L’Espoir lyrique saint-amandois went to Bordeaux to select the costumes for À la Jamaïque, which the company will perform at the Pyramid in February 2023

For the first time in twenty-seven years on stage with l’Espoir lyrique Saint-Amandois (Elsa), Samuel Deschaumes made the journey to the Grout house in Bordeaux, Gironde, to select the costumes worn by the members of the troop wear for the four performances of their new operetta, to Jamaicaon February 18, 19, 25 and 26, 2023, at the Pyramid of Crafts in Saint-Amand-Montrond.

An unforgettable day for the new president who lived next door to Chantal Verger and who was used to this huge shop where more than 30,000 costumes can be rented; a reference in the entertainment world.

Redistribution of roles within the Saint-Amandois Lyric Hope troupe (Elsa)

“Grout is the last customer in France who supplies musicals, operettas, etc.,” introduces Samuel Deschaumes. Today the third generation is behind the wheel. They stock a hundred productions and offer about sixty to seventy professional shows annually. »

It’s an honor for us to have been part of the rare amateur troupes Grout has worked with since 1985.

On location, the two members of Elsa scrutinized and photographed the smallest details of the entire production to let them act out To Jamaica.

“A Whole Character”

“In advance, Chantal, responsible for the staging and sets, and Hélène Verger, responsible for the dances, had prepared all the costume sheets for each character in the piece, for each song, for each choreography, for each tableau. The costume is a character in its own right; they’re really working on it.”

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These days, after a period of reflection, the order is placed to deliver the chests a week before the first performance.

The troupe’s “little fairies with golden fingers” will then work to customize each piece for a flawless fit. “Seen by the audience, the operetta costume is always very beautiful under the lights. But if you look closely, it’s a lot, a lot, a lot of work, says Samuel Deschaumes. We have the right to play darts etc as long as the costumes are returned in the condition borrowed.”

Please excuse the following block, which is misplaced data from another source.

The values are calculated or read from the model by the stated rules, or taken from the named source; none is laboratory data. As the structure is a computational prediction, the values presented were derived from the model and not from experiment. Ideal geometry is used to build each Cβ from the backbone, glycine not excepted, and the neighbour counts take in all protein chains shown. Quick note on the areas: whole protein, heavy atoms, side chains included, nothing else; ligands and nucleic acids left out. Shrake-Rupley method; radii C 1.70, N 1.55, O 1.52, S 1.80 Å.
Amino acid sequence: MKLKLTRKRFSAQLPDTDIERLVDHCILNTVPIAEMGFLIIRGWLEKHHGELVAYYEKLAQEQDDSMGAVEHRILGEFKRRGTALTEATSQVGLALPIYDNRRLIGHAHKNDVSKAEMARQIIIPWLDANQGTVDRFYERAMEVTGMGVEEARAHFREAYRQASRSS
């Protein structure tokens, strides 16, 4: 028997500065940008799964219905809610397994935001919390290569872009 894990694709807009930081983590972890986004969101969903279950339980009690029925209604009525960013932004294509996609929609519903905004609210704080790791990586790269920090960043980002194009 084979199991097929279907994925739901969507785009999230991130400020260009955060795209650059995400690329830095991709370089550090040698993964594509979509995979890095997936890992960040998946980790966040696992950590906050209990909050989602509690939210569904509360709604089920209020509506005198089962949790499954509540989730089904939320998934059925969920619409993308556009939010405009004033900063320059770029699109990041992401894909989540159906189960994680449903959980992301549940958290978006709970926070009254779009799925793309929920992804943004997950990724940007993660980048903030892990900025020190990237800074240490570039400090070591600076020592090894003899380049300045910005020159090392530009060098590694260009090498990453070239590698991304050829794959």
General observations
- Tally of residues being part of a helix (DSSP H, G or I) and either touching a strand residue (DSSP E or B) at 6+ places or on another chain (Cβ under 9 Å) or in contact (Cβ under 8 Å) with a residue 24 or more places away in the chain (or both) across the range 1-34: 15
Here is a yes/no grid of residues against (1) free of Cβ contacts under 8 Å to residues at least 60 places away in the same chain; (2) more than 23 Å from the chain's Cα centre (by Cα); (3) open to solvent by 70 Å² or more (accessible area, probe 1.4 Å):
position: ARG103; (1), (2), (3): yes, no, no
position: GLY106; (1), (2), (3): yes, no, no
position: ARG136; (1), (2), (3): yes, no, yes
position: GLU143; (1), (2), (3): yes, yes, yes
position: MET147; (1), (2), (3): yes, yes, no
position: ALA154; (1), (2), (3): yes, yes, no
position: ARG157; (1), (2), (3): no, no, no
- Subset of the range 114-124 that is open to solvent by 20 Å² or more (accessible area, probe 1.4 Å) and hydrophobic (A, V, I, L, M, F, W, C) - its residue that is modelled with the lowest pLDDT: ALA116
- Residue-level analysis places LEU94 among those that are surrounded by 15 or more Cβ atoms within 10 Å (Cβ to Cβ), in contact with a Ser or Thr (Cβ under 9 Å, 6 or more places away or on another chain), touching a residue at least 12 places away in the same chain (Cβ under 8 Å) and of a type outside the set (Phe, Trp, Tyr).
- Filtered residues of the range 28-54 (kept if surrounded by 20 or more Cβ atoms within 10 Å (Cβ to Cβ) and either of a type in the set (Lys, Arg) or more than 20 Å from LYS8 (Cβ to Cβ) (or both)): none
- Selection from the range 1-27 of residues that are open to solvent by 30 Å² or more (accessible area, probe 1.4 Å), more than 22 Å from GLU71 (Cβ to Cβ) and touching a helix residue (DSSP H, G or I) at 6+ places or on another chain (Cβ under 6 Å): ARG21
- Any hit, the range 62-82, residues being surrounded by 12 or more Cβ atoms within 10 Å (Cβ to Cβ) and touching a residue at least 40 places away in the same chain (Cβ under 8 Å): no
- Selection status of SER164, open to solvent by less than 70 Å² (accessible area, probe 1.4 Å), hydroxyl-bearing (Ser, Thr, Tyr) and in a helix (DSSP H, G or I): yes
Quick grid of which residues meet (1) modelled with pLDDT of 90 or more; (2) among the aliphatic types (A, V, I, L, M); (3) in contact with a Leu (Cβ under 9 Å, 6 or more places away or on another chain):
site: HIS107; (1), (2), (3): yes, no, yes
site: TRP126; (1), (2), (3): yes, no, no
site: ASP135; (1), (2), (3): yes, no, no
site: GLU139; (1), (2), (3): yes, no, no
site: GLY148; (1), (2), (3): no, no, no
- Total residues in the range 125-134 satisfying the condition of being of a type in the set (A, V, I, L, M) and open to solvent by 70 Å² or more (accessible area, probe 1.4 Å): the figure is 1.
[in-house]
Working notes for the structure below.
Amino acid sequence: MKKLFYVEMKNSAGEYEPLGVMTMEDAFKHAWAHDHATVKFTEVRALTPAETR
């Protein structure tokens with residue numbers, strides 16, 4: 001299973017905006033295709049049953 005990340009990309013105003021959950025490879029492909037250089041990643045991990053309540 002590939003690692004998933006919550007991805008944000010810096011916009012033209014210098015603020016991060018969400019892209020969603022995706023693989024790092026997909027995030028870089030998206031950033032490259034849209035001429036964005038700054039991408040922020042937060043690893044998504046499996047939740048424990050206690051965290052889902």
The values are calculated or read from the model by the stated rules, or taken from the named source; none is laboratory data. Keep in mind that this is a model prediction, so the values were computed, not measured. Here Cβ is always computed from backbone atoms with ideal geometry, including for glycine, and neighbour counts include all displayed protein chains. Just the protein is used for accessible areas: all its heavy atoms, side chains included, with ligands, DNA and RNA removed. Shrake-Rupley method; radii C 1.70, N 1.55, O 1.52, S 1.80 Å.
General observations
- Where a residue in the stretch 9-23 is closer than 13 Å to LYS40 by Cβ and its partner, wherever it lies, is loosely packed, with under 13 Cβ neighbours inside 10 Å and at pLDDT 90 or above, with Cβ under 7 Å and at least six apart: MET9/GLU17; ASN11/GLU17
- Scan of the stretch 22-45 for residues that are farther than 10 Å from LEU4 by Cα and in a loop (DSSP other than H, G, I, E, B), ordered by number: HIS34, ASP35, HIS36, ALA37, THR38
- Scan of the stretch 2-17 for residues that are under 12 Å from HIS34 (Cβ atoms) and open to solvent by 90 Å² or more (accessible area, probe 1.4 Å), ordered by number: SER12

“Style, period, we respect everything”

L’Espoir lyrique takes pride in dressing according to the era of each of its operettas. “The style, the period, we respect everything, the President relays. If it’s a time when we wore fascinators, then the female characters will wear fascinators. If there were crinolines, women will have them under their dresses. This year we have opted for a modern operetta and while we are modernizing the work, particularly by cutting it to make it more accessible, we value that continuity.”

Reason why part of the costumesTo Jamaica not necessarily come from Grout’s own production. “We don’t hesitate to resort to other productions of the house to have ‘our’ Jamaica, with the colors, the brightness and the visual effects that we want. We also have a fund in Elsa of 300 to 400 pieces, from donations or buybacks to troops that have ceased their activity. This year it will make up about 20% of costumes.”

On average, Elsa spends 25% of her budget on costumes. “It lives up to viewers’ expectations. If there is an operetta with fewer costumes than usual, we will be notified. It’s an important position, but it adds to the quality of the show.”

Marlene Lestang

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